A British photographer and educator, Spence was a transforming voice in the arts of the last century. Her documentary-style photo albums dealt with themes of class struggle, conformity, and feminism. In 1982, she was diagnosed with breast cancer. A few years later, leukemia also set in. This cancer was not just in her blood and bones — it had seeped into her existence. It hijacked her arteries of security; it exiled her into grey plains of isolation she had never known before. Her whole career, she had sought to catch that special look — that nuance in a scene that told another story. But could she capture this tyrant phantom of disease now in her photos? How to express something for which words falter? ...continue reading →
Health care professionals need to learn to do more to encourage self-expression in healing.
Watching Friday’s TEDMED session entitled ‘Weird and Wonderful’ I was humbled by talks by two non-medics who have done wonderful creative things that have vastly improved the lives of patients.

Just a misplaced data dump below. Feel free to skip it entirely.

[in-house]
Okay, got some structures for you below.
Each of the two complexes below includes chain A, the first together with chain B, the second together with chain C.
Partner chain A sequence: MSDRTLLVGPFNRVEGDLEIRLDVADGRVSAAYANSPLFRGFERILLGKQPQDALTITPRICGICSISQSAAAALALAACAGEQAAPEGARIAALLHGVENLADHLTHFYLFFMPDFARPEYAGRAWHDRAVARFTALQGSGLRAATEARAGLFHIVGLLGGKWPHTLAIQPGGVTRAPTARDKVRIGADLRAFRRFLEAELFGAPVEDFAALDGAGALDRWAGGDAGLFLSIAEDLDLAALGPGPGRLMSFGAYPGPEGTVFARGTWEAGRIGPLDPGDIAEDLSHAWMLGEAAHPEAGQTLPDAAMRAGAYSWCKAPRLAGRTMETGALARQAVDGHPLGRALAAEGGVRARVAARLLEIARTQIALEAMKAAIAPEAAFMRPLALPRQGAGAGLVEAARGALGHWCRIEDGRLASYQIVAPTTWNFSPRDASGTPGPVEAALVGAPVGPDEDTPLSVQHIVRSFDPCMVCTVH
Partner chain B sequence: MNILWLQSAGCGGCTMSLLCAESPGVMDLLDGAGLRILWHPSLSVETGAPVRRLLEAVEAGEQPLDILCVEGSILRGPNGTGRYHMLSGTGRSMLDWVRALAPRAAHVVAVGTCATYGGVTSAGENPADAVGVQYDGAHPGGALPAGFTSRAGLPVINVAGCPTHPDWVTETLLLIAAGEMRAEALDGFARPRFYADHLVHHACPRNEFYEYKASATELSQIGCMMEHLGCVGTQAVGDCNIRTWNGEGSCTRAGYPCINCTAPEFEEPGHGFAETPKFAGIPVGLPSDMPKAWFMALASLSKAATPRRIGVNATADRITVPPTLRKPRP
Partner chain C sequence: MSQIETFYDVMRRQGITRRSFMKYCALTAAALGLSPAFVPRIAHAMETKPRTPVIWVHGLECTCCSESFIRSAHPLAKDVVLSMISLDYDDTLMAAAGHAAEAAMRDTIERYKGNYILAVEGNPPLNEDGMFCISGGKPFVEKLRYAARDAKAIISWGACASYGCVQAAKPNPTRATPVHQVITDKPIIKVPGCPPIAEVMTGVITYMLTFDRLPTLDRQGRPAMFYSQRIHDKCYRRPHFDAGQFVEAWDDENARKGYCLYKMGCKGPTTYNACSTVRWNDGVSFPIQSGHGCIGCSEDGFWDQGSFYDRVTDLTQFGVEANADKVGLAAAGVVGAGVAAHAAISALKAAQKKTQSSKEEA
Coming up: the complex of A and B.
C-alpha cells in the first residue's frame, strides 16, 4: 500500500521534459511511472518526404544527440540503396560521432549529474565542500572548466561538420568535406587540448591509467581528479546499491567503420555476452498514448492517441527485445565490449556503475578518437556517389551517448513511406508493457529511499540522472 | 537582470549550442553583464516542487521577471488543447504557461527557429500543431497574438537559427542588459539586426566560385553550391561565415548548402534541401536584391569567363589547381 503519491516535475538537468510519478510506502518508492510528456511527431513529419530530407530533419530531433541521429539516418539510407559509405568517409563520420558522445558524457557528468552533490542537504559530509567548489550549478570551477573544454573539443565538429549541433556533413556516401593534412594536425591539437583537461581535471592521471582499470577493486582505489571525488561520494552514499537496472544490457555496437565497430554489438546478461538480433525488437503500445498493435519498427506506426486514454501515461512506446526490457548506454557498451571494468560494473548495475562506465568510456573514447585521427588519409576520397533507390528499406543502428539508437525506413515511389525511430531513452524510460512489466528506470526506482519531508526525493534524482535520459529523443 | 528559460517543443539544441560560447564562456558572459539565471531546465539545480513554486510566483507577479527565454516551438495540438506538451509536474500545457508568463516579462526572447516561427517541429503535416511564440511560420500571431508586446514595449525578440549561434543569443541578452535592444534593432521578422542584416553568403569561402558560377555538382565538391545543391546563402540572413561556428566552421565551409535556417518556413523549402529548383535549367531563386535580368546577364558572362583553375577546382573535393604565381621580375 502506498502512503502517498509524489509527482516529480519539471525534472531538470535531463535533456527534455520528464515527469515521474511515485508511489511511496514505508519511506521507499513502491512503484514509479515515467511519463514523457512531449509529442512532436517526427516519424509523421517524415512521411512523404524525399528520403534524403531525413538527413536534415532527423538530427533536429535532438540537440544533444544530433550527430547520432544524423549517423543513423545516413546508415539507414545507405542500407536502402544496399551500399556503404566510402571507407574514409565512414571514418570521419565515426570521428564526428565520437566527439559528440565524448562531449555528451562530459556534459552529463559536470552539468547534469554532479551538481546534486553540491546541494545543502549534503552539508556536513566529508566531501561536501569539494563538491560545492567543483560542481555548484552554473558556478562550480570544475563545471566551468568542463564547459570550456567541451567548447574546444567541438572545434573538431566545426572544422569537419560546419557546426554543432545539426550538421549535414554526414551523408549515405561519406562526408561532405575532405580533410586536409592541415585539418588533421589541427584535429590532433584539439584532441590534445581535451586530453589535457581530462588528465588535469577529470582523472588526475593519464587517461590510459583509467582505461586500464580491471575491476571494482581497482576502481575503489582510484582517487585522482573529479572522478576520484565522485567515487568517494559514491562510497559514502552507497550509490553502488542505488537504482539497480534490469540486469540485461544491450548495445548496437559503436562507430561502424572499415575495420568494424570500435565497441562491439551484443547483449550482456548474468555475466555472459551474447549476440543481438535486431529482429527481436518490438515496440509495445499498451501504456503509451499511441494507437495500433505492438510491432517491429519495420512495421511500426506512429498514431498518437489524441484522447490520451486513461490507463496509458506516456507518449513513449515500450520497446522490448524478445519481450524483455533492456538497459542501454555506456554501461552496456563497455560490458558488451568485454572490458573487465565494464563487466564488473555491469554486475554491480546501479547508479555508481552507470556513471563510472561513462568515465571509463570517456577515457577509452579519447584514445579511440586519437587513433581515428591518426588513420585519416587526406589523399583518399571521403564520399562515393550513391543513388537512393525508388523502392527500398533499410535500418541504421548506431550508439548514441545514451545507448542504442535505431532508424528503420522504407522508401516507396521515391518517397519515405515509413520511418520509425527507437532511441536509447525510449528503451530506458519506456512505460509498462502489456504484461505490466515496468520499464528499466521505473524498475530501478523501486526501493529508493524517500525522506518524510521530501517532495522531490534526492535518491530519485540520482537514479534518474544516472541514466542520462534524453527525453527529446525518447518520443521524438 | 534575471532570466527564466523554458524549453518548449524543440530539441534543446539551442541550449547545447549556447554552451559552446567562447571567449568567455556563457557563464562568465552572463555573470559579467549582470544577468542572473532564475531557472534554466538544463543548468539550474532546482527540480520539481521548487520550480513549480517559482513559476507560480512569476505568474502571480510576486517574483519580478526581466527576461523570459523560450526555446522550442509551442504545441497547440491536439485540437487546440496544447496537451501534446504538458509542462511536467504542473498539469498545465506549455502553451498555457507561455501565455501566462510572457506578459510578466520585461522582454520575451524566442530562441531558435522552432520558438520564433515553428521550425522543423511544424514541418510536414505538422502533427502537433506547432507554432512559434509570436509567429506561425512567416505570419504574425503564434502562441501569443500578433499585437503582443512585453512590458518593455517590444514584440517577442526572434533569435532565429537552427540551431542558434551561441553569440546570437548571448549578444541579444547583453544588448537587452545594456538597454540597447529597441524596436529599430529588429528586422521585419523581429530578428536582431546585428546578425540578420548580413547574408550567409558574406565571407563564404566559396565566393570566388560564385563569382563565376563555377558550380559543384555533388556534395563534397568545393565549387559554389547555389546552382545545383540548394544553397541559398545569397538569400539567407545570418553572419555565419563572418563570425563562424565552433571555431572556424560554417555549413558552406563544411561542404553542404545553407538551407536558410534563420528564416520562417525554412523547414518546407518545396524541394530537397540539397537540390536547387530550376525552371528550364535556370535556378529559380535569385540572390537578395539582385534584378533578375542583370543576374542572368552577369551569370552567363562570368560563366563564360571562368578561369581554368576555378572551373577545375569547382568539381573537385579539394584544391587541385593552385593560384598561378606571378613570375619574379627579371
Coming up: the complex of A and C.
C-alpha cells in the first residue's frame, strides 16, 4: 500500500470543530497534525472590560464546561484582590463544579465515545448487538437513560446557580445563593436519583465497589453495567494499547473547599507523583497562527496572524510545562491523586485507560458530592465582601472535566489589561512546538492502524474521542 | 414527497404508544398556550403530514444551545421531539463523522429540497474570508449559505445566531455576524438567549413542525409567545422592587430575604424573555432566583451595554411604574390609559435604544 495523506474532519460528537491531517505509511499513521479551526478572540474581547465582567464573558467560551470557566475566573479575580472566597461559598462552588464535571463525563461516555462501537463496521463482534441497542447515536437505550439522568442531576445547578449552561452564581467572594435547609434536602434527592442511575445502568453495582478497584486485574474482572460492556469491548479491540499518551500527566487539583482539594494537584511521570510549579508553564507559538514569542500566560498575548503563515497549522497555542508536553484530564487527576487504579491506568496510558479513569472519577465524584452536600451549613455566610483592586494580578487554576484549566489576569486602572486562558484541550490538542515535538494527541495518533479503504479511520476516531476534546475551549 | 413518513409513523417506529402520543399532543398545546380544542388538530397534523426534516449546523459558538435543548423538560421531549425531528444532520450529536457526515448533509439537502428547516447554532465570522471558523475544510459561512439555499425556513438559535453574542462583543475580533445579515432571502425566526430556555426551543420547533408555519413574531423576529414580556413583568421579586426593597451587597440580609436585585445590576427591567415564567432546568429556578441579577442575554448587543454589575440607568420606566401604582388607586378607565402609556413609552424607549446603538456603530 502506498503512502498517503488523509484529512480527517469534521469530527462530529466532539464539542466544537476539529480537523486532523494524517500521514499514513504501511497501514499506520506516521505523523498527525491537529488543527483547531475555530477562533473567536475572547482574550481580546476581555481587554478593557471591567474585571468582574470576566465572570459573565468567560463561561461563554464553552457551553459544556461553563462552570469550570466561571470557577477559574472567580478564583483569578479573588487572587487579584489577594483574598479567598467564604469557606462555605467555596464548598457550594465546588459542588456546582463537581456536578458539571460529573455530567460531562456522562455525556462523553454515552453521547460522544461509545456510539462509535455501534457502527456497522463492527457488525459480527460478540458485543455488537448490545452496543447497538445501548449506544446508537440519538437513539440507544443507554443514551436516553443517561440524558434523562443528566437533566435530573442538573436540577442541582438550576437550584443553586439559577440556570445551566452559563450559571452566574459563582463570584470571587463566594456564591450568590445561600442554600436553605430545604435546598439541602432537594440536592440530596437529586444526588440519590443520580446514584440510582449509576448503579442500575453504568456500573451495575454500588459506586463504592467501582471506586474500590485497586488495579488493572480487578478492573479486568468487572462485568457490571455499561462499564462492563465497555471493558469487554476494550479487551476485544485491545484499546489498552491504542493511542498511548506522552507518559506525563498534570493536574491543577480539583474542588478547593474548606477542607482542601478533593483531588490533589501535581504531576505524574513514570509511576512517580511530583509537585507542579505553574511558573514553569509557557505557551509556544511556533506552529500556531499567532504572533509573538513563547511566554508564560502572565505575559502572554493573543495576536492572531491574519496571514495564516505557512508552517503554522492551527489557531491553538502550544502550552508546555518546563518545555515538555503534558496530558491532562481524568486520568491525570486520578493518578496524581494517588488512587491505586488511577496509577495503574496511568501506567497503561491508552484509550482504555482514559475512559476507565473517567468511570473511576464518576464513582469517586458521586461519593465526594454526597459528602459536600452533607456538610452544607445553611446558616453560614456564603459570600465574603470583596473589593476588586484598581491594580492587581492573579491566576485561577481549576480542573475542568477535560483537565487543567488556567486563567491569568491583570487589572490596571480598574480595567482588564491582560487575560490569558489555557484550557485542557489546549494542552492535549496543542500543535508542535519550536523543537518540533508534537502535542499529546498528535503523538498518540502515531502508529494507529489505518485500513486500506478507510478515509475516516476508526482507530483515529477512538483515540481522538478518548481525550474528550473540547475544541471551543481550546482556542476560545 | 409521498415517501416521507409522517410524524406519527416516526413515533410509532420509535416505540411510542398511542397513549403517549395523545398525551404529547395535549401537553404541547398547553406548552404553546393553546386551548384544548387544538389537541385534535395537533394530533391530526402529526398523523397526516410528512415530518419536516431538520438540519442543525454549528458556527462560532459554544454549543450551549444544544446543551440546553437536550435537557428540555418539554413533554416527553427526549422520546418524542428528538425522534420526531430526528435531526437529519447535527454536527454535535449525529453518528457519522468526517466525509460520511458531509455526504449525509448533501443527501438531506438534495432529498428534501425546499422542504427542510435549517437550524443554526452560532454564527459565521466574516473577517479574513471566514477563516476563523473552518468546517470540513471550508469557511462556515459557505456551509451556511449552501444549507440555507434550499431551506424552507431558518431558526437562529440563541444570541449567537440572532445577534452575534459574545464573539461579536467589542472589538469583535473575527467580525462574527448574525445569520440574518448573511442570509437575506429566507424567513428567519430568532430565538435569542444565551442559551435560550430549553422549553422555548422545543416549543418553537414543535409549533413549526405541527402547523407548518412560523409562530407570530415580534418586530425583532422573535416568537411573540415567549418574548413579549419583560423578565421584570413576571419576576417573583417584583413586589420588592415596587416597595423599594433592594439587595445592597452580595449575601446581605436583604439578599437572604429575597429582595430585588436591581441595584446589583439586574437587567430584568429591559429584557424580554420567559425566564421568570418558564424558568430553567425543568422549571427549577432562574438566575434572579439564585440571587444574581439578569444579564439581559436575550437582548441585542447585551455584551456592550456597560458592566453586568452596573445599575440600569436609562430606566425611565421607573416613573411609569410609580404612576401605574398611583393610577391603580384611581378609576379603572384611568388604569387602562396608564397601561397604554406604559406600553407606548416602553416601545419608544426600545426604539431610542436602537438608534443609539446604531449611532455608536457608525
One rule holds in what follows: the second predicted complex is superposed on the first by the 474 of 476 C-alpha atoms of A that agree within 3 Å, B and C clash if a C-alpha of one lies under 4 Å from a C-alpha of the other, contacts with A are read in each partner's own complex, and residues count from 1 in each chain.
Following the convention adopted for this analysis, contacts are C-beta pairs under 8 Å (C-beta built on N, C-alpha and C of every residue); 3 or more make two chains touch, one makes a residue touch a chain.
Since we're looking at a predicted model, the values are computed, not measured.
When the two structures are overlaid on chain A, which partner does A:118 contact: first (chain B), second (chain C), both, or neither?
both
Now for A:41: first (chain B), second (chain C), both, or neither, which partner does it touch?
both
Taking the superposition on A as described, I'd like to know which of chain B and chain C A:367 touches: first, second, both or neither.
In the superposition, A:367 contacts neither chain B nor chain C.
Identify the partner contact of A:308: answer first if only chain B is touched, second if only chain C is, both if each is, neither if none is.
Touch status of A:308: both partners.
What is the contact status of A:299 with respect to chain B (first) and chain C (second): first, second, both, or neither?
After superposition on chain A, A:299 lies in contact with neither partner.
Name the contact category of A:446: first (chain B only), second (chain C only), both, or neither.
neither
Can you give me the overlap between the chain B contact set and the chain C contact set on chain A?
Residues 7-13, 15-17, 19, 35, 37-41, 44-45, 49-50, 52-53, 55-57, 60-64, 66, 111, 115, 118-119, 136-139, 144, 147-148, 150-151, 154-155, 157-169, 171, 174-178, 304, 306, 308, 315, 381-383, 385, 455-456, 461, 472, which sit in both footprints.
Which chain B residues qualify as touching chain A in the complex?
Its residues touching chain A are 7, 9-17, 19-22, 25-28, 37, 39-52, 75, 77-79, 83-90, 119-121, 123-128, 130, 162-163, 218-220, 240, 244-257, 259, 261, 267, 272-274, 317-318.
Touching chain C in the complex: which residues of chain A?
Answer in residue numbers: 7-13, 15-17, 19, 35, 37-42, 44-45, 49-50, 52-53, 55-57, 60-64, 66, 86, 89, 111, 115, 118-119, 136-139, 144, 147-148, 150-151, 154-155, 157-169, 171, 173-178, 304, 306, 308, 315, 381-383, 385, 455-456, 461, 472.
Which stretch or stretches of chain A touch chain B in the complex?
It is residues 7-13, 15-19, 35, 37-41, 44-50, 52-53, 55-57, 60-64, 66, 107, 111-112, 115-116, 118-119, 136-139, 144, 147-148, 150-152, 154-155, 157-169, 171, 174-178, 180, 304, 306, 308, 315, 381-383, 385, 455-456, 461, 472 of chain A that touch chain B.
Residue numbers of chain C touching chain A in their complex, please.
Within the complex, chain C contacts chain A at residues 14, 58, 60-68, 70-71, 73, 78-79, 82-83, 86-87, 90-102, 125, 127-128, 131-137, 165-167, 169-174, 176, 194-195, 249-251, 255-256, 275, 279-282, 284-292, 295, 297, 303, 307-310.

First up was Bob Carey. I had never heard of Bob Carey before – WHY had I never heard of Bob Carey before? – so I was surprised to see a middle-aged man standing on the TEDMED stage in a pink tutu and nothing else. He said, “I’m a commercial photographer …and I have been photographing myself for over 20 years as a form of self-therapy because that’s what I do; when things get hard I go take pictures of myself…and it’s a lot cheaper than real therapy...” He transforms himself through photography into something that he is ‘not’ and that helps him to get out of himself, he says. In 2003 his wife, Linda, was diagnosed with an aggressive form of breast cancer and Bob started to take pictures of himself wearing a pink tutu in beautiful landscapes. What started out as a way of expressing his inner discomfort and difficult feelings and sharing his wife’s experience, grew, through self-publication of a book, into the Tutu Project. ...continue reading →